I2C signal quality and SDA/SCL microcontroller protection

Thread Starter

josmA

Joined Jun 12, 2019
35
Hello,

I would like to ask you two questions in one post, as they are related to I2C and the same PCB.

1) I2C Microcontroller protection. I am using a development board to communicate by I2c with my custom PCB, where there are I2C expanders and power monitors. The problem is that after some time using it, usually days or weeks (not using it every day), the I2C port of the development board stops working. I still can use the dev. board and I2C with other pins, but not the original ones. I didn't give much importance at first, but recently, I have used another custom PCB to communicate with the first custom PCB, getting the same result, but this time the PCB is much more expensive than the dev. boards.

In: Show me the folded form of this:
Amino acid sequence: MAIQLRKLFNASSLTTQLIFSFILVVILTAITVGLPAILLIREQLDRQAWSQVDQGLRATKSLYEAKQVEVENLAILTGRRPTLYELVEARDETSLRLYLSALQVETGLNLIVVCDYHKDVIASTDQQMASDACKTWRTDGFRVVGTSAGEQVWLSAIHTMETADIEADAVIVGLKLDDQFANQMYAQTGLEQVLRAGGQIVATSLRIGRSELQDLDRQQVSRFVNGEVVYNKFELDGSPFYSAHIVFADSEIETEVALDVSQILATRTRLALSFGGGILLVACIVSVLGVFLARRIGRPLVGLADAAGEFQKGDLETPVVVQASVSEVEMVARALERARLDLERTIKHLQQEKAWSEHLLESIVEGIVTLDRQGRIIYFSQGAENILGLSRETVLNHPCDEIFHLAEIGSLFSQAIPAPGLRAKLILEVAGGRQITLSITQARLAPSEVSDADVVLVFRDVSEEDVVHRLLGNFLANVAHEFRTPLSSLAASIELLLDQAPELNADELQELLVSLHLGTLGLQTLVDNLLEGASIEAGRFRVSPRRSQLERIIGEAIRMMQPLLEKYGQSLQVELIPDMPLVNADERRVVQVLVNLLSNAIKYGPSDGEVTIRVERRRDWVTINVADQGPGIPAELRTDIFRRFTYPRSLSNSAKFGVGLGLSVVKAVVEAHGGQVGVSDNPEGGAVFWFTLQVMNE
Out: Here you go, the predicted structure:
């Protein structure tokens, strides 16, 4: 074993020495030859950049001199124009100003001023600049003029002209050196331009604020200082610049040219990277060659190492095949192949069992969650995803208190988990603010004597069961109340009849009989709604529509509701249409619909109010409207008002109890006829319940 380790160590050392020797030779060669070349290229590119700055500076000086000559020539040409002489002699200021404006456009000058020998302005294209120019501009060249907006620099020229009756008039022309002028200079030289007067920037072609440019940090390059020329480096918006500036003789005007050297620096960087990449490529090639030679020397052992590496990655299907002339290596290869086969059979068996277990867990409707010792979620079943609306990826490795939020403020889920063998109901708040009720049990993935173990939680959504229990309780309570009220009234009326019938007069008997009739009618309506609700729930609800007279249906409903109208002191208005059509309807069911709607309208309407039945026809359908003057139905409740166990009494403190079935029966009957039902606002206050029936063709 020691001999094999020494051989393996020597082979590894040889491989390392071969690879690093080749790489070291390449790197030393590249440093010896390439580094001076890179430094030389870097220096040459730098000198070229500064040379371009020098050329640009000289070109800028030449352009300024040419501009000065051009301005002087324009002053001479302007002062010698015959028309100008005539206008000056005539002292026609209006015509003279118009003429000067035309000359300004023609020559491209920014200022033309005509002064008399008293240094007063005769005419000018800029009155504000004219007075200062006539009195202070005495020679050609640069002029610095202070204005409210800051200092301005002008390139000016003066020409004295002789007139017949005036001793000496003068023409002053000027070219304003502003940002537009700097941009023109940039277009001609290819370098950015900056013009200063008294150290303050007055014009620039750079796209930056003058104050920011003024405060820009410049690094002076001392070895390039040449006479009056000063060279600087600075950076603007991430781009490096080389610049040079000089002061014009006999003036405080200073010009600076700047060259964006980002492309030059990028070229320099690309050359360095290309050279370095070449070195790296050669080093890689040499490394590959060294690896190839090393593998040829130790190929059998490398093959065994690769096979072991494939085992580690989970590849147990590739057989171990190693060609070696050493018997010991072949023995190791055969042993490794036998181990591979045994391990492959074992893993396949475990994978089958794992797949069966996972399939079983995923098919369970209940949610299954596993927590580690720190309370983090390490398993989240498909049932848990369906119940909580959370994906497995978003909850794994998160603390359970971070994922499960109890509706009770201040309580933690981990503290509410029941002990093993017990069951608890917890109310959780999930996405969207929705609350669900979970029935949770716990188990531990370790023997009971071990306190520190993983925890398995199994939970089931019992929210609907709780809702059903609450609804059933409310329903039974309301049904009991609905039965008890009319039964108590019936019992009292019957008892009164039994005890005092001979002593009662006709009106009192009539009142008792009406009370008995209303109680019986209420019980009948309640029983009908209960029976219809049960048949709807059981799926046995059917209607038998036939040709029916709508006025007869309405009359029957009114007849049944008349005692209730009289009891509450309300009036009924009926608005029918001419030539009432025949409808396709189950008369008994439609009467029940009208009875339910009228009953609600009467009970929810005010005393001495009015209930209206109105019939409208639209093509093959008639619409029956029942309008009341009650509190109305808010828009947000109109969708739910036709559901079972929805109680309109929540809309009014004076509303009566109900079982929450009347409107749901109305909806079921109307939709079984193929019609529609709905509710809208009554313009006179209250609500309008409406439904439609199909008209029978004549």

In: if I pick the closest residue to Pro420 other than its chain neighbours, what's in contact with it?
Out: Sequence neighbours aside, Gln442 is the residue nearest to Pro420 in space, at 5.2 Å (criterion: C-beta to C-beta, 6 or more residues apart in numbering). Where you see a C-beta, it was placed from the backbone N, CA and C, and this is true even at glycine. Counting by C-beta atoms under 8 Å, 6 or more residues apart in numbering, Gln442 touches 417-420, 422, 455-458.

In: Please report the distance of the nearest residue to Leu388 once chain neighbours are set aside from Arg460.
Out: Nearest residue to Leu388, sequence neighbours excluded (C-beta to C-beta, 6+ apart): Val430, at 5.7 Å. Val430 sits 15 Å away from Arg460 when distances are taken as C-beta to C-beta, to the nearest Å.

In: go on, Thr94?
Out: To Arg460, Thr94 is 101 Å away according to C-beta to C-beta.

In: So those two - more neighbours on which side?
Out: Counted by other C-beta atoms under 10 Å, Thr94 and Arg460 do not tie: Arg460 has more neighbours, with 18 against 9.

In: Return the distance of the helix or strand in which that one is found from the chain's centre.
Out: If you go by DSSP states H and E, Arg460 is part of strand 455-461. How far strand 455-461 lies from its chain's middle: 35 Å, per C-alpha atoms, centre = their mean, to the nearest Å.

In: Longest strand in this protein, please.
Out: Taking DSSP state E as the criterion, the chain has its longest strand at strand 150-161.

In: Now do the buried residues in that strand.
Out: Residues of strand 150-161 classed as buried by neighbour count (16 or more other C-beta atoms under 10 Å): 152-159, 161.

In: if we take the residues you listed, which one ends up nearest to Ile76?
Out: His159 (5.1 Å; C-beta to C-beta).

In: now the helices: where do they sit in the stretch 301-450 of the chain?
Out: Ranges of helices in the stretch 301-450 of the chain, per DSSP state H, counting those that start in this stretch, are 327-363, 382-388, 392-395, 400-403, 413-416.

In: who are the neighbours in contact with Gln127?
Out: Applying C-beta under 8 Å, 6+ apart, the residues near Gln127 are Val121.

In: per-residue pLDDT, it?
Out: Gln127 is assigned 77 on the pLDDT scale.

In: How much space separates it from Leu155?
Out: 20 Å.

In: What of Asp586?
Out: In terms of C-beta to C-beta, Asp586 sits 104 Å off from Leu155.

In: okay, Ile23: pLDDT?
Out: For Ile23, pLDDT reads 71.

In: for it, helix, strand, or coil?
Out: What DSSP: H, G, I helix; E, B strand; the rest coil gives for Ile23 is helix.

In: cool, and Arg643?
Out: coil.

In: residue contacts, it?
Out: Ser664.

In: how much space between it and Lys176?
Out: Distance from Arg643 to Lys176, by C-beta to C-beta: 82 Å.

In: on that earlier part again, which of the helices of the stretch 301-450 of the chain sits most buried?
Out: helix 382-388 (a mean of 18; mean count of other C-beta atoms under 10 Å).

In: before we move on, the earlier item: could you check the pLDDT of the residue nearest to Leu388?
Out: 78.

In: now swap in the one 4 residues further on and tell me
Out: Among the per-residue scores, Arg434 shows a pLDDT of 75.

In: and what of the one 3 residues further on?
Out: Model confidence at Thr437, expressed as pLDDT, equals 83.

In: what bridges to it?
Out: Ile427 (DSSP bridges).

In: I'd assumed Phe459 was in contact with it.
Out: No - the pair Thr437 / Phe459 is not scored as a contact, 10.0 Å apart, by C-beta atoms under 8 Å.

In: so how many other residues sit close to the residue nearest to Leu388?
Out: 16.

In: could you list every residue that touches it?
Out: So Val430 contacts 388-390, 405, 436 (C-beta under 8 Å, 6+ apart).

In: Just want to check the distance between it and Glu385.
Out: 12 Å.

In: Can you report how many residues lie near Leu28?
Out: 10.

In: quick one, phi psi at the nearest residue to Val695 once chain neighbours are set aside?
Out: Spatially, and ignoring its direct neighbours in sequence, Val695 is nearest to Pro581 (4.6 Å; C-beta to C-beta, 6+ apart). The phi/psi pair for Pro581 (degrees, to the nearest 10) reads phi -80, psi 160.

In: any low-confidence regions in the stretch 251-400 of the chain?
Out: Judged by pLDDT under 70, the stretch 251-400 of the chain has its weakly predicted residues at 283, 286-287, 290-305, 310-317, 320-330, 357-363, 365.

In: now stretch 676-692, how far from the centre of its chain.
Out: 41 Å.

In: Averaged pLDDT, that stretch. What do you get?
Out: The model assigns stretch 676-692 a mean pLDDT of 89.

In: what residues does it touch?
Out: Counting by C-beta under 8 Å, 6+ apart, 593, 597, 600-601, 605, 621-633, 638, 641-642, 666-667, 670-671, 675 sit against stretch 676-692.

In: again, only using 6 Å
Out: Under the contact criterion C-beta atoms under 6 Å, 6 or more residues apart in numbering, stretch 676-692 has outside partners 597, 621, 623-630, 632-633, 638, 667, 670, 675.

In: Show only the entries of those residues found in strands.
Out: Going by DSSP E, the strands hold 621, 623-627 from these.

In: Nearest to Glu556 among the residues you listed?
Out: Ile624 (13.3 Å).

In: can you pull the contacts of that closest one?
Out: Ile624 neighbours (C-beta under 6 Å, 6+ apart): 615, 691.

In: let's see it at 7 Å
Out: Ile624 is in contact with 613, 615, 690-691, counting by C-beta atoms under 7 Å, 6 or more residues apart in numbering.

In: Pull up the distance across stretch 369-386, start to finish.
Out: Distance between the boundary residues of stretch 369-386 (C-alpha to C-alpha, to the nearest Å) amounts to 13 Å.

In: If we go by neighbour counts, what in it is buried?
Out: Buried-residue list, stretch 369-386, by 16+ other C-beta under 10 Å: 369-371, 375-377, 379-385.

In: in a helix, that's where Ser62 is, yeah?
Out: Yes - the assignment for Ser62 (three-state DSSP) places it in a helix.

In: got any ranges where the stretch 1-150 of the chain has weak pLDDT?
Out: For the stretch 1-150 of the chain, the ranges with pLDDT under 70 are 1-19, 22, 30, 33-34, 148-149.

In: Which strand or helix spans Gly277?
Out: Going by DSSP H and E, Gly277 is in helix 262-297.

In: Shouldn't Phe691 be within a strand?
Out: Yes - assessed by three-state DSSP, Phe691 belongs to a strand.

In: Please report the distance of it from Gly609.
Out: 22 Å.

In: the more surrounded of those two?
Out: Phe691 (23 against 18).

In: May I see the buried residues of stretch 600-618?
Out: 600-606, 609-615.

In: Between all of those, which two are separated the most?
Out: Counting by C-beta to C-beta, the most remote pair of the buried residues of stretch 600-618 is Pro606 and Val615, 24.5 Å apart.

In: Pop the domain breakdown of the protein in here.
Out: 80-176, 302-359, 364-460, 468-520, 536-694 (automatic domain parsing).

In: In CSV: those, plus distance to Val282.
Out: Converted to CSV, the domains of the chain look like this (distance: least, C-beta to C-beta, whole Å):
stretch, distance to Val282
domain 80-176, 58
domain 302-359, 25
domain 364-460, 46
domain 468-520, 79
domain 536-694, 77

Do you know what can be the reason? Do I need to protect it with series resistors or clamp diodes? If so, could you give more details? I can't risk blowing up another PCB.

2) Quality of the signal. The communication works because I can enable signals and read data from power monitors, but I wanted to double-check whether the signal shown below with the oscilloscope is a typical one. There are like incompletes pulses or not sure what it is. Could you please help with this?
DS1Z_QuickPrint23.png

I have to design a new iteration of PCBs, so I would like to correct the mistakes done so far.

Many thanks in advance
 

Deleted member 115935

Joined Dec 31, 1969
0
What is causing those "Spikes" on the SDA line ?
they should not be there, and although not the problem, could be an indication of whats causing the problem.

Try putting the scope probe on X10 , not X1, as the higher impedance offered by the X10 probe will load the circuit a lot less.

What is the I2C master ?
What is the circuit of what you have ? can you provide a schematic please,

What speed is this I2C ?

Can you provide a picture of the set up / hold time SCL to/ from a SDA transition please.
 

Thread Starter

josmA

Joined Jun 12, 2019
35
Hi Andrew,

Thanks for your reply.